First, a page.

cyber attack
A man types on a computer keyboard in front of the displayed cyber code in this illustration picture taken on March 1, 2017. REUTERS

Las Vegas is one of the most bustling U.S. cities and because of the large casino operations in the city and electronic transfers of millions of dollars every day, cyber security is of prime importance. The city’s information security team, which comprises of only three people, relies on artificial intelligence (AI) to protect it against ransomware and phishing.

“The things that keep me up most are ransomware and phishing. Some of the simplest attacks but the hardest to defend against.” Las Vegas chief information officer Michael Sherwood told TechCrunch Friday.

Read: Americans Leading Ransomware Target And Most Likely To Pay: Symantec

One cyber defense firm, Darktrace, helps Sherwood in his job. The company has been using AI for cyber security solutions ever since it was launched in 2013.

The system, which protects Vegas, is called the Enterprise Immune System uses machine learning algorithms created by a team of mathematicians from the University of Cambridge. The company says that its machine learning system is based on the self-learning intelligence of the human immune system and learns patterns of cyberattacks fast and prepare the city’s defense better.

The company says its system is engineered to work across all network types — physical, virtualized, cloud and most importantly the Internet-of-things and associated system.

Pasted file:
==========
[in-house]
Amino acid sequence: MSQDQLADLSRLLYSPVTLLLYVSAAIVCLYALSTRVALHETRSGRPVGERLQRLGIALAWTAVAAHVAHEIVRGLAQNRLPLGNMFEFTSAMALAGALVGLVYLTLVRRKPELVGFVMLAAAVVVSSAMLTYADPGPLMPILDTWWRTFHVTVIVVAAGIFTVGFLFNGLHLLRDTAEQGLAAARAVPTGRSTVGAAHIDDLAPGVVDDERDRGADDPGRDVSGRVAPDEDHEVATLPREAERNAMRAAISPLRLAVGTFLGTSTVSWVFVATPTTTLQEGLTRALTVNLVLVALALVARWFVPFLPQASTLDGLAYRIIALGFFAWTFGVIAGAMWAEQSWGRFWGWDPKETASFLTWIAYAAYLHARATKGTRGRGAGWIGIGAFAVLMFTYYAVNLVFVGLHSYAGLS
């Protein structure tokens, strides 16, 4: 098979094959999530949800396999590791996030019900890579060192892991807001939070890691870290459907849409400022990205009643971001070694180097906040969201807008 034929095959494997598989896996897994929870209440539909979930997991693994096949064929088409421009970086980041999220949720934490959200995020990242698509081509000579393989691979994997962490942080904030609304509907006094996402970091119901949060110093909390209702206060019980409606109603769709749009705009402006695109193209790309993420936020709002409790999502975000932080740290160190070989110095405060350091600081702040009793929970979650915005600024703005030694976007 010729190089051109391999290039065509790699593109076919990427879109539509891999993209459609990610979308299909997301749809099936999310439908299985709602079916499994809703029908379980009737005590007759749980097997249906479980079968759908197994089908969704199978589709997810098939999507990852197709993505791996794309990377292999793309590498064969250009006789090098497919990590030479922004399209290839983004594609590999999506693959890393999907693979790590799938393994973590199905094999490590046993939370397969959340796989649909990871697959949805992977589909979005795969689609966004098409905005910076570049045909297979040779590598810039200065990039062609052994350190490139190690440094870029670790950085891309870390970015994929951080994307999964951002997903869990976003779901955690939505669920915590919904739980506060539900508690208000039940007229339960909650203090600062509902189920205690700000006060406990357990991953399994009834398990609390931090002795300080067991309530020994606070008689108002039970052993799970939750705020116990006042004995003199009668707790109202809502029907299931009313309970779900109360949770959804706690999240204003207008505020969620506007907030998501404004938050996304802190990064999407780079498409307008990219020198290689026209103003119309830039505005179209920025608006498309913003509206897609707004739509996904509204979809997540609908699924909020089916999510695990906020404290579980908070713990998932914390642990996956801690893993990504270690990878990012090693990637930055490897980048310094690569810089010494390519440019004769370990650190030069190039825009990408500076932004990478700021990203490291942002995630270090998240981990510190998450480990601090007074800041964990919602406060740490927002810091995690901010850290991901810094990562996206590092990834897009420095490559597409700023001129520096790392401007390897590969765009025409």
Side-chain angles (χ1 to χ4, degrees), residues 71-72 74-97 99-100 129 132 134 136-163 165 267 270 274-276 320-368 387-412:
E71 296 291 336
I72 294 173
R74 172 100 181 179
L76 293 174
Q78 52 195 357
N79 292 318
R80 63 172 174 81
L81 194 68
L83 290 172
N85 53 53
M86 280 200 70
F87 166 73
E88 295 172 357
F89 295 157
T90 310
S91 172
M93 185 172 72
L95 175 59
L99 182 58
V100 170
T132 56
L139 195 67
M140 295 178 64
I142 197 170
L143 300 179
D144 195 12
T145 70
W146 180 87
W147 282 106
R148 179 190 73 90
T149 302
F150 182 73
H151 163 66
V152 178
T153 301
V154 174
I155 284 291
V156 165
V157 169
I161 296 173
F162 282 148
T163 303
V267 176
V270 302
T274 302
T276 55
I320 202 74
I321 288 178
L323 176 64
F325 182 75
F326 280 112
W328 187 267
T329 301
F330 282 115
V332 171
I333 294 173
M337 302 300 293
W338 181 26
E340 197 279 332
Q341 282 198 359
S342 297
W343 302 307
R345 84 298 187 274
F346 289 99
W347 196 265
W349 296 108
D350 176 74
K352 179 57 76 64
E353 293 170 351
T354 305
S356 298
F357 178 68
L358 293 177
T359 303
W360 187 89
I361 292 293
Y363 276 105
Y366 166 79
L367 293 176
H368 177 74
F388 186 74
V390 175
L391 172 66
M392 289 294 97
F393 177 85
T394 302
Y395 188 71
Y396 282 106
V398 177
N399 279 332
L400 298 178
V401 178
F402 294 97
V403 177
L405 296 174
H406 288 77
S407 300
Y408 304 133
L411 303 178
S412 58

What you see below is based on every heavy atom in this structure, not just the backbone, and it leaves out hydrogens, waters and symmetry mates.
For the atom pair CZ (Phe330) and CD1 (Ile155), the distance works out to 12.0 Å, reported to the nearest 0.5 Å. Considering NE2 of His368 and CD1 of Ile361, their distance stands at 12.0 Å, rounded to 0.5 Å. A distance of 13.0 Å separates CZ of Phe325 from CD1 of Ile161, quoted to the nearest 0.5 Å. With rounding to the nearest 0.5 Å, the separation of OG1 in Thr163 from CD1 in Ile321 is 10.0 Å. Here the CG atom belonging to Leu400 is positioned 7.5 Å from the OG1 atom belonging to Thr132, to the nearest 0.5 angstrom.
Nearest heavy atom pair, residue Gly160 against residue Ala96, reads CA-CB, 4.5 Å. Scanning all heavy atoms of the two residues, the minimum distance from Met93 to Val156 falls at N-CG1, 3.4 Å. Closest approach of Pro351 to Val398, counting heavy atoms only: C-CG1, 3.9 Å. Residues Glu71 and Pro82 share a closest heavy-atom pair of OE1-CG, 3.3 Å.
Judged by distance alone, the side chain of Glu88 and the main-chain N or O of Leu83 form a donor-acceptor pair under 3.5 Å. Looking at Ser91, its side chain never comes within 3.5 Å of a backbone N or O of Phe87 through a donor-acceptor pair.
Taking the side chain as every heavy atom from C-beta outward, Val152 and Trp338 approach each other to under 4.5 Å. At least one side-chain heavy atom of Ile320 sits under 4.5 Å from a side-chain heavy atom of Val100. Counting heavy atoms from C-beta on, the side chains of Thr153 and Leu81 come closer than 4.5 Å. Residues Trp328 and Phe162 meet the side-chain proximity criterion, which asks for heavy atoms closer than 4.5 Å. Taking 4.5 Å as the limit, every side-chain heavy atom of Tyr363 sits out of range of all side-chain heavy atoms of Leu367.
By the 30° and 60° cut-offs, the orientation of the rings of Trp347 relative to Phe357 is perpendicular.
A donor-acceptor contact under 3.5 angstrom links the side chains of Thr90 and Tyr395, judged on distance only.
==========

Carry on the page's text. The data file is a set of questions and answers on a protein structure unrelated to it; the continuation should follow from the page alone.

But, what Darktrace is aiming at is interesting — it wants to create a system in which no human intervention is required. AI will be a be-all and have-all system for cyber security. Surrendering a city’s cyber security to machines essentially might sound an intimidating idea, whose time is still to come, but Sherwood seems bullish on it.

“Do you go in all the way or do you not? I wouldn’t live without artificial intelligence. Humans make wrong decisions every day,” he said to TechCrunch.

Is AI the solution to the increasing cyberattacks every year? We don’t know as yet. But what we know currently is that the scale and the number of cyberattacks are increasing every year. According to anti-virus company Symantec’s Internet Security Report, 2017, one in every 131 emails contains a malicious link. Many of these emails have executable files, which can encrypt your system, after which you might be asked for a ransom for getting access restored. Americans are the leading target of ransomware and the ones most likely to pay up globally.

One of the leading examples of how cyberattacks have evolved is the hack of the Democratic National Congress Chairman, John Podesta’s emails. How it happened was way simpler than you might think. Podesta received a mail, which looked like an authentic Google mail asking him to change his password to make his account secure. Podesta actually ran the mail through his security team, which cleared it and therefore he put his password in the window linked in the mail. In reality, Google never asked him to change his password and that Window was in no way connected to Gmail. His password was never changed, but he did give away access to his email and we all know what happened next.

Read: Who Is John Podesta? 10 Facts About The Hillary Clinton WikiLeaks Source

There is no doubt that it was a human error that led to the cyberattack. While the effectiveness of AI in cyber security is not known yet, but it might be an alternative and one of the steps needed to massively ramp up government cyber defense.